Clementines make winter seem shorter and they are very tasty. I go through a bunch of them when they are in season. So, I had several of clementine crates sitting around that I could not throw away. What to do with them? Hmmmm.
A birdhouse, yeah, that’s it. Can’t say if a house made out of these light wood crates will last in the weather, but it is worth a try. With a sturdy roof made out of an old license plate, they just might.
I used a power saw to cut the crates because I have one, but a hand saw or even an Exacto knife might work to cut the thin plywood. The corner pillar pieces are used at length, so there is no cutting required. An electric drill is also helpful in this project.
The slideshow below shows the major steps to assembling a birdhouse from these raw materials. If you have questions, just leave a comment or email me.
On the question of what to use for a perch: it is up to you. I used an old cabinet pull on one example and a coat hanger on the one shown in the slideshow. This is where you can get creative. Use whatever you like. I would suggest you keep it light because the plywood of the crates is thin.
To finish or not to finish: I used a single coat of polyurethane finish on the outside of this birdhouse because I had some leftover and I thought it might help weatherize the structure a bit. For your creation, it is your call.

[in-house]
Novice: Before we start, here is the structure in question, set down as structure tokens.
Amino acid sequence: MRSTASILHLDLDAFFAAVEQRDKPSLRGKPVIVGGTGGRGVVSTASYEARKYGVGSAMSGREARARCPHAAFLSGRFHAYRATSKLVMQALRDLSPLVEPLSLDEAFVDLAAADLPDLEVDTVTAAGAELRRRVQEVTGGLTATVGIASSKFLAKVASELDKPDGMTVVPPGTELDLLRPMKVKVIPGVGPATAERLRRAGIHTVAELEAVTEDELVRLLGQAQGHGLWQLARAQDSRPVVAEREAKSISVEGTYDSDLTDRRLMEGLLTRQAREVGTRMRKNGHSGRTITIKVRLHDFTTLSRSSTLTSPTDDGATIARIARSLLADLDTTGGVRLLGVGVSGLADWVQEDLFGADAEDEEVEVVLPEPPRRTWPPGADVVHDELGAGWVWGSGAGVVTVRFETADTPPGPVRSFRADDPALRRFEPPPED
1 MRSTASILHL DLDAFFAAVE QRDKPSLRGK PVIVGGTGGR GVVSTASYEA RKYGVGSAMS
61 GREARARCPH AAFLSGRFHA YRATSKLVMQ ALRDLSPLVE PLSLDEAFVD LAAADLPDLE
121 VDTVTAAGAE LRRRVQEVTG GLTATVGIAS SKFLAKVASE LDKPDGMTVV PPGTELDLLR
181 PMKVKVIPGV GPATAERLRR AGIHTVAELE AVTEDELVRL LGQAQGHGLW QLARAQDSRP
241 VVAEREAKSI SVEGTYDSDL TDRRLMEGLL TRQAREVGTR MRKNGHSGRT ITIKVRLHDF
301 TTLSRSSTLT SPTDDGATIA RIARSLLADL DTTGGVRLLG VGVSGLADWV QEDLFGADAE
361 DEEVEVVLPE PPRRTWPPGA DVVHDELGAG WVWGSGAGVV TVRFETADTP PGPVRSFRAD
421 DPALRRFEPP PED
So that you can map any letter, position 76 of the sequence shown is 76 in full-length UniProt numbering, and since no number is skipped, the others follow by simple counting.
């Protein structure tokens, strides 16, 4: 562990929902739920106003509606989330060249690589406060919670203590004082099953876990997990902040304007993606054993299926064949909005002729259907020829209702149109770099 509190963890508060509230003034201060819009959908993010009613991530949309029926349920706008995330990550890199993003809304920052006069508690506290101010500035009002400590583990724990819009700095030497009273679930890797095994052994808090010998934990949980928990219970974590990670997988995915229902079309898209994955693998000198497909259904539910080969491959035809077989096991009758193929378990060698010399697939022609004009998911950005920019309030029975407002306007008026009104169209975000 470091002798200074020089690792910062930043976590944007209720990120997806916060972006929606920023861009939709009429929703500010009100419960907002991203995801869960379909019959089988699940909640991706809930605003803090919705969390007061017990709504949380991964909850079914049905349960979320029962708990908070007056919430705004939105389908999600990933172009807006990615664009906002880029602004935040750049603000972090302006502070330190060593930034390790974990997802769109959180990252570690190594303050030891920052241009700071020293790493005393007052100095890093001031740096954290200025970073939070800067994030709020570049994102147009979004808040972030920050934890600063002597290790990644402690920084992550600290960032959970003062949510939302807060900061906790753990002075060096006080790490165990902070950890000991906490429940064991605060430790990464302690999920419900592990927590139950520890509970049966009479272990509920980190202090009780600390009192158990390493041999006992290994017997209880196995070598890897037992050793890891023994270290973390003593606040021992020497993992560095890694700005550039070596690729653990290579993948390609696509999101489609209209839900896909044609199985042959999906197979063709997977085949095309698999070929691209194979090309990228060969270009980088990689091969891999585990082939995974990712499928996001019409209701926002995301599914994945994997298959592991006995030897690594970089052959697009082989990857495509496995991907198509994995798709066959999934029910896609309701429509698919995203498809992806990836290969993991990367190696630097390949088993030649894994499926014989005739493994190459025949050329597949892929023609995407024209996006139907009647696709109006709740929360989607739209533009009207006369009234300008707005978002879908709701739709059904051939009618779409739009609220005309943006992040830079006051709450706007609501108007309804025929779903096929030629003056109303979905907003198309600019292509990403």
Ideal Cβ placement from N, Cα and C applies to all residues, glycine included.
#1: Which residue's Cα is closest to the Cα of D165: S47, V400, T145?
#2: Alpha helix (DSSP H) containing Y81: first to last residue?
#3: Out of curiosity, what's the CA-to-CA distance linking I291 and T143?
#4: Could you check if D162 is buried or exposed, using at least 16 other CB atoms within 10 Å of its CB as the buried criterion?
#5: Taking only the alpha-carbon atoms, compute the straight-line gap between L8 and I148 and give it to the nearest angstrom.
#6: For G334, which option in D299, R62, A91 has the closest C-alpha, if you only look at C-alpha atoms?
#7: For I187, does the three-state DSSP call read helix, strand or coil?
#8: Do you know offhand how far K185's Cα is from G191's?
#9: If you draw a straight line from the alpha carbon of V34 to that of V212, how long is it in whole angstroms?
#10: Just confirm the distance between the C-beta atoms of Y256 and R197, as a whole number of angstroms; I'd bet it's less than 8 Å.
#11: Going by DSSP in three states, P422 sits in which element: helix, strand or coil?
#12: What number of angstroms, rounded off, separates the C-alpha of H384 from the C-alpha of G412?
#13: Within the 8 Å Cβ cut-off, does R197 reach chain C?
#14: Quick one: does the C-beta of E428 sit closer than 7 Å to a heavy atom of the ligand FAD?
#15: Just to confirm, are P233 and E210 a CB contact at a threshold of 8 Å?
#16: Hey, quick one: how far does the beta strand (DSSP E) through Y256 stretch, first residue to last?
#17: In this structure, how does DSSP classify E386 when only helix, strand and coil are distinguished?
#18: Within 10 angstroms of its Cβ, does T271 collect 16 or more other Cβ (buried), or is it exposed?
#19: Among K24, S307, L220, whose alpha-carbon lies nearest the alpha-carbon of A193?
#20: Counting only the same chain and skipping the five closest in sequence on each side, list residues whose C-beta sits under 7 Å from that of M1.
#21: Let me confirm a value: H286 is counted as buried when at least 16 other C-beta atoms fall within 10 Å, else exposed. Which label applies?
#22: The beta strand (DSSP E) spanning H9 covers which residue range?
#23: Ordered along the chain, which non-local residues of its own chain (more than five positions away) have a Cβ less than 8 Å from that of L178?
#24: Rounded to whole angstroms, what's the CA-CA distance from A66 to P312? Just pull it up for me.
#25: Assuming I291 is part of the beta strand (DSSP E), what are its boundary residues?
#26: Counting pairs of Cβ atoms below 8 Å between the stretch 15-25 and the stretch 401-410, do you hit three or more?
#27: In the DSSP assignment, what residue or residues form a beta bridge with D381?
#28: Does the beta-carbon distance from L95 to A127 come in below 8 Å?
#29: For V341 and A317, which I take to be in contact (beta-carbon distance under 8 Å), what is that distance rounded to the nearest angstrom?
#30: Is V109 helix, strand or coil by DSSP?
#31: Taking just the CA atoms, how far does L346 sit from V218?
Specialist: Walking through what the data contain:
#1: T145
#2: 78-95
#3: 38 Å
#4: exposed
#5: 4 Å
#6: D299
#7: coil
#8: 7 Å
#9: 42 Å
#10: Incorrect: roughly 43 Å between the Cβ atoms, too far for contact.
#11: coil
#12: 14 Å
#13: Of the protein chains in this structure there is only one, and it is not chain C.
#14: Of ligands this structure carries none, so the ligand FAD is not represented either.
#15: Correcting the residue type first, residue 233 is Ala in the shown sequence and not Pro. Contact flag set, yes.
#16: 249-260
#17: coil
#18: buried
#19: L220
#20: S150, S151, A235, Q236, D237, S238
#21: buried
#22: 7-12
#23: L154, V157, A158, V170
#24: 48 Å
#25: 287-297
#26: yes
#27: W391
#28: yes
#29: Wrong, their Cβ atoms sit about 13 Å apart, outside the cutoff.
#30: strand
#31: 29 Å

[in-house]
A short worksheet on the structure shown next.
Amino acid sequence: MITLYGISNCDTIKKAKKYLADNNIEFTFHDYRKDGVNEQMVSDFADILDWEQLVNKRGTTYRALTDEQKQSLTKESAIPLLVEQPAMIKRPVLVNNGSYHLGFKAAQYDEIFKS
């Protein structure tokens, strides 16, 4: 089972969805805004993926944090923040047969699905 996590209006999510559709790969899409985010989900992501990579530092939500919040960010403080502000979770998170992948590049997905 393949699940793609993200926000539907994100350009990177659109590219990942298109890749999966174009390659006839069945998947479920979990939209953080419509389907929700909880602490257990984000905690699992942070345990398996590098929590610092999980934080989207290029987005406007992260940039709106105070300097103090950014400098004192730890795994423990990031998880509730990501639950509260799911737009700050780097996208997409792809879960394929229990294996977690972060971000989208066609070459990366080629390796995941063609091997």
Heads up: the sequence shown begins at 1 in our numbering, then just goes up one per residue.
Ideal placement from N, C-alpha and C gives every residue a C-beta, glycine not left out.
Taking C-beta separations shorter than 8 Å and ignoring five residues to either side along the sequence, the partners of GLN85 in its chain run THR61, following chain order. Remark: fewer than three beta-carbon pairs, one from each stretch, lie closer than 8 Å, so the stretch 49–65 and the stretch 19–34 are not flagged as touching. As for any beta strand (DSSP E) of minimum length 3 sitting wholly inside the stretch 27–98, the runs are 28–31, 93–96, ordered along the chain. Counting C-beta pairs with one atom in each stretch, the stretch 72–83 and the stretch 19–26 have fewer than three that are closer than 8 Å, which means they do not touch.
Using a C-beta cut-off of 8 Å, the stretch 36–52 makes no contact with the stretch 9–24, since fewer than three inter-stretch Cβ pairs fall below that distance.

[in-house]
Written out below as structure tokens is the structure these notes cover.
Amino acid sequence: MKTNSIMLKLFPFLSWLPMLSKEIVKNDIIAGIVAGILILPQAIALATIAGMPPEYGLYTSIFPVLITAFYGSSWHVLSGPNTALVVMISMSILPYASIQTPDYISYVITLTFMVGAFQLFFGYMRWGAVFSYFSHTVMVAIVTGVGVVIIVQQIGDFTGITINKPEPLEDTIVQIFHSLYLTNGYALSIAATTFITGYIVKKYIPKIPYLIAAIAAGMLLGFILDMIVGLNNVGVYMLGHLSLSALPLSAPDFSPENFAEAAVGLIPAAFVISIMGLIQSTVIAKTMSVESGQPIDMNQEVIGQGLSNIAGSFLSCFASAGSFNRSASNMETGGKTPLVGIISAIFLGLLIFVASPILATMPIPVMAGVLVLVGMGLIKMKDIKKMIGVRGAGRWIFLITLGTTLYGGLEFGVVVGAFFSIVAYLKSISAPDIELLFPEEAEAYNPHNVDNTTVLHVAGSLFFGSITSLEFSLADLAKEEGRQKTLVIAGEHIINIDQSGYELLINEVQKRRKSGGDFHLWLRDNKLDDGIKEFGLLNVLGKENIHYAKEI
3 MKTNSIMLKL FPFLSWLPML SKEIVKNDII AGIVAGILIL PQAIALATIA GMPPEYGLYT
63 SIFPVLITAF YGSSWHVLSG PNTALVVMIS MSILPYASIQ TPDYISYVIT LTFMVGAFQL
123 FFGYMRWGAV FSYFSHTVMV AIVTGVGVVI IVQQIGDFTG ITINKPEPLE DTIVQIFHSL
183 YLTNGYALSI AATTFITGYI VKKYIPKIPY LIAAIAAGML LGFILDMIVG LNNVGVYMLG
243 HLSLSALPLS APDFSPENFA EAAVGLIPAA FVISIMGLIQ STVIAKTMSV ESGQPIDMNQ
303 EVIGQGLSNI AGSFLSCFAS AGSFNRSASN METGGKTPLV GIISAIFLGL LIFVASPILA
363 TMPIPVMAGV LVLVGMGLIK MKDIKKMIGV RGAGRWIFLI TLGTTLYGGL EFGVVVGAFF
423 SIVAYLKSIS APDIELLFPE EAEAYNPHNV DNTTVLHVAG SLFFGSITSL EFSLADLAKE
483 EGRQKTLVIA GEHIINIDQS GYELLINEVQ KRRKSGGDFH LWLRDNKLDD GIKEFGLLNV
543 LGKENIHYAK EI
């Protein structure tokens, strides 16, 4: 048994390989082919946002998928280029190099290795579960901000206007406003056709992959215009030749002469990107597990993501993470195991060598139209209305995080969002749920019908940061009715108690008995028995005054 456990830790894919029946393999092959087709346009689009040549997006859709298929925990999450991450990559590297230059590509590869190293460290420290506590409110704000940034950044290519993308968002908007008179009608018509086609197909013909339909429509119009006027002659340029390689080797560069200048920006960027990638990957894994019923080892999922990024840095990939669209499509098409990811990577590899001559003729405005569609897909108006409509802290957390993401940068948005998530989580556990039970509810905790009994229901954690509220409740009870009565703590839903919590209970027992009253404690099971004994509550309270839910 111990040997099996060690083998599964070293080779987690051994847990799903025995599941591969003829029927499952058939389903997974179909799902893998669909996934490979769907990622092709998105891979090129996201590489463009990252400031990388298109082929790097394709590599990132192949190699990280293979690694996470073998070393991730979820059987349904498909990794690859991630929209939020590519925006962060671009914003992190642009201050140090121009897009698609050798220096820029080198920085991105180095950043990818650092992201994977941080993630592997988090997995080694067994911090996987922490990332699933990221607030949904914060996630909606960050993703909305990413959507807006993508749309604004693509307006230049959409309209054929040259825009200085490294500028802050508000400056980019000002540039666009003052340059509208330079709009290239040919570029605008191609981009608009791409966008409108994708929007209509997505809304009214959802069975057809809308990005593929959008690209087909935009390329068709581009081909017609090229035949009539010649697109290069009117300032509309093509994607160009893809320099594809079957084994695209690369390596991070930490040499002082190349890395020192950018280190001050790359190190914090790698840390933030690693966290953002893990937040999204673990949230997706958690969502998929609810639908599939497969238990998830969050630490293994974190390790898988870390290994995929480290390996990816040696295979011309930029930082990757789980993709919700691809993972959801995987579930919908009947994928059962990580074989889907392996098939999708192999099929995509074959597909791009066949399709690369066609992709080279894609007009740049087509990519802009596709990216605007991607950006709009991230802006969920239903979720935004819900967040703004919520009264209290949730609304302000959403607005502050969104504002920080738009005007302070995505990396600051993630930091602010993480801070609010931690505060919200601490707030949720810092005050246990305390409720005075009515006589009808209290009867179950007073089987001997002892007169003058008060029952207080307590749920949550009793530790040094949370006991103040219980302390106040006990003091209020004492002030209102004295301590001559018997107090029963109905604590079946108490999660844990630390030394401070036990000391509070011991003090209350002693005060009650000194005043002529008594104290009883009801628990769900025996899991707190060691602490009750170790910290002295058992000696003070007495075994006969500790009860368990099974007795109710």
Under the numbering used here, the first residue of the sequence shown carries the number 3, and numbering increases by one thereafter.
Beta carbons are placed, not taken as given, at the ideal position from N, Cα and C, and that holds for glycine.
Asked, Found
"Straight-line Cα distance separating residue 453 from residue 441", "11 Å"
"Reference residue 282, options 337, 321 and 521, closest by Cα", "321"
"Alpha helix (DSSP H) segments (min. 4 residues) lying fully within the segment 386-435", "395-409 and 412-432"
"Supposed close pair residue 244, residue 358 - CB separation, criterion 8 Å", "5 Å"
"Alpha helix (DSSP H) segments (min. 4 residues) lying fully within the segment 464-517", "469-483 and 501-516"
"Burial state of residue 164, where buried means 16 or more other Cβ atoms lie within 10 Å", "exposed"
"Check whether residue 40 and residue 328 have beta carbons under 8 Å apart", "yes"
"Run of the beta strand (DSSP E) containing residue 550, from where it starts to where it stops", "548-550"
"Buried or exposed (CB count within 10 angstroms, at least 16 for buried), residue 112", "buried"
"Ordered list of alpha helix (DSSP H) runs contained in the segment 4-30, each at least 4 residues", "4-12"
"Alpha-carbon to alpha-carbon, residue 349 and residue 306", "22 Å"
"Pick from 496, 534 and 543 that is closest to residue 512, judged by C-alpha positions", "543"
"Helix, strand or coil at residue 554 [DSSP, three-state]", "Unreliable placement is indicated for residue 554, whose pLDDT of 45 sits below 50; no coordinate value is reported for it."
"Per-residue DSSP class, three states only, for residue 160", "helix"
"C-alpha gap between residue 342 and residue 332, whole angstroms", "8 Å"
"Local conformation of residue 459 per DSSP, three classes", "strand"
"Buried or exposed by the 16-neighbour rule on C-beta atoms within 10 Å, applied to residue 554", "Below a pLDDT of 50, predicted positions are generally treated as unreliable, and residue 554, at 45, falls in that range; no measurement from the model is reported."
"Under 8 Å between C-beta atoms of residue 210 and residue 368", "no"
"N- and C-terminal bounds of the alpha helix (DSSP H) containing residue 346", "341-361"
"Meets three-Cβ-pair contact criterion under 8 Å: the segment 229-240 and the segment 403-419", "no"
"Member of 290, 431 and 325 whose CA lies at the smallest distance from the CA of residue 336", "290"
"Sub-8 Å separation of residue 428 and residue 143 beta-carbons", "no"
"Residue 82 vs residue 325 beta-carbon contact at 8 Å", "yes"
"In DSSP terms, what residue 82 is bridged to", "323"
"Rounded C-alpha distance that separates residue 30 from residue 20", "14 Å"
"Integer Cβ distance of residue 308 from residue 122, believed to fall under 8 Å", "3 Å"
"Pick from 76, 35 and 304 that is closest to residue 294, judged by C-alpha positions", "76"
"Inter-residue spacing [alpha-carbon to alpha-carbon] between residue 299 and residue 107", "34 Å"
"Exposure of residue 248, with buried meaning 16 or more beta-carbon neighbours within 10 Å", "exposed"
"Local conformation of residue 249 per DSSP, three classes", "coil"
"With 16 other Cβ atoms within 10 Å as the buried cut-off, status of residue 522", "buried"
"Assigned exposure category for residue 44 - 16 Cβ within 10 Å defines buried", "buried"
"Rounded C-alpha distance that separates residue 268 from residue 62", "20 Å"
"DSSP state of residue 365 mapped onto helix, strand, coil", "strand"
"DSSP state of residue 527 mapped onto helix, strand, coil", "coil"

Finally, if you should try to do this at home, I would love to see pictures of your creations. Send me a picture or connect with me on Pinterest, Facebook, or Twitter to share.
Finally, I took the time to write down/draw the plan I used to make birdhouses that I posted here some time ago. I made another house from standard pine lumber leftovers and made this drawing. It is based on 3/4″ thick lumber, so you may have to adjust if you use something thicker or thinner. One thing absent from the drawing is a 6″ x 1 1/2″ piece of aluminum flashing that I nailed to the top of the roof to cover the gap between the sides of the roof.
I used pine this time, but I prefer using cedar or something more weather resistant. If you use pine, paint or stain it the exterior with a good exterior oil-based enamel or penetrating oil–preferably a penetrating oil. If you can use cedar, then no finish is necessary.
Unfortunately, I gave the birdhouse away as a gift before I remembered to take a picture of it. But it was similar to these.
Download birdhouse plan
I think my muse has returned. Busyness is the enemy of creativity. After an extremely hectic summer and fall things have slowed down to where my mind wanders to making things. This week I saw a pile of wood scraps and a broken shutter as what they could become. So I made a birdhouse for a friend as a housewarming present. The roof is made of the shutter slats–which were the perfect size and shape for overlapping roofing. The sides are made from cedar siding scraps—this I like because it should help the birdies with their parasites. Bugs do not like cedar, nor does fungus. The shell adornment was a souvenir of a trip to the coast and the aluminum flashing used to seal the top was purchased from a home improvement store for a weather proofing project around the house. This was a pretty quick and easy project and it made a fine gift for my friend’s new home. I intend to make a couple more as gifts.
Here is a second birdhouse I built as a gift. I am going to post a measured drawing here as well so you can knock one out at home. All you need is some wood, a saw, hammer, drill, and nails.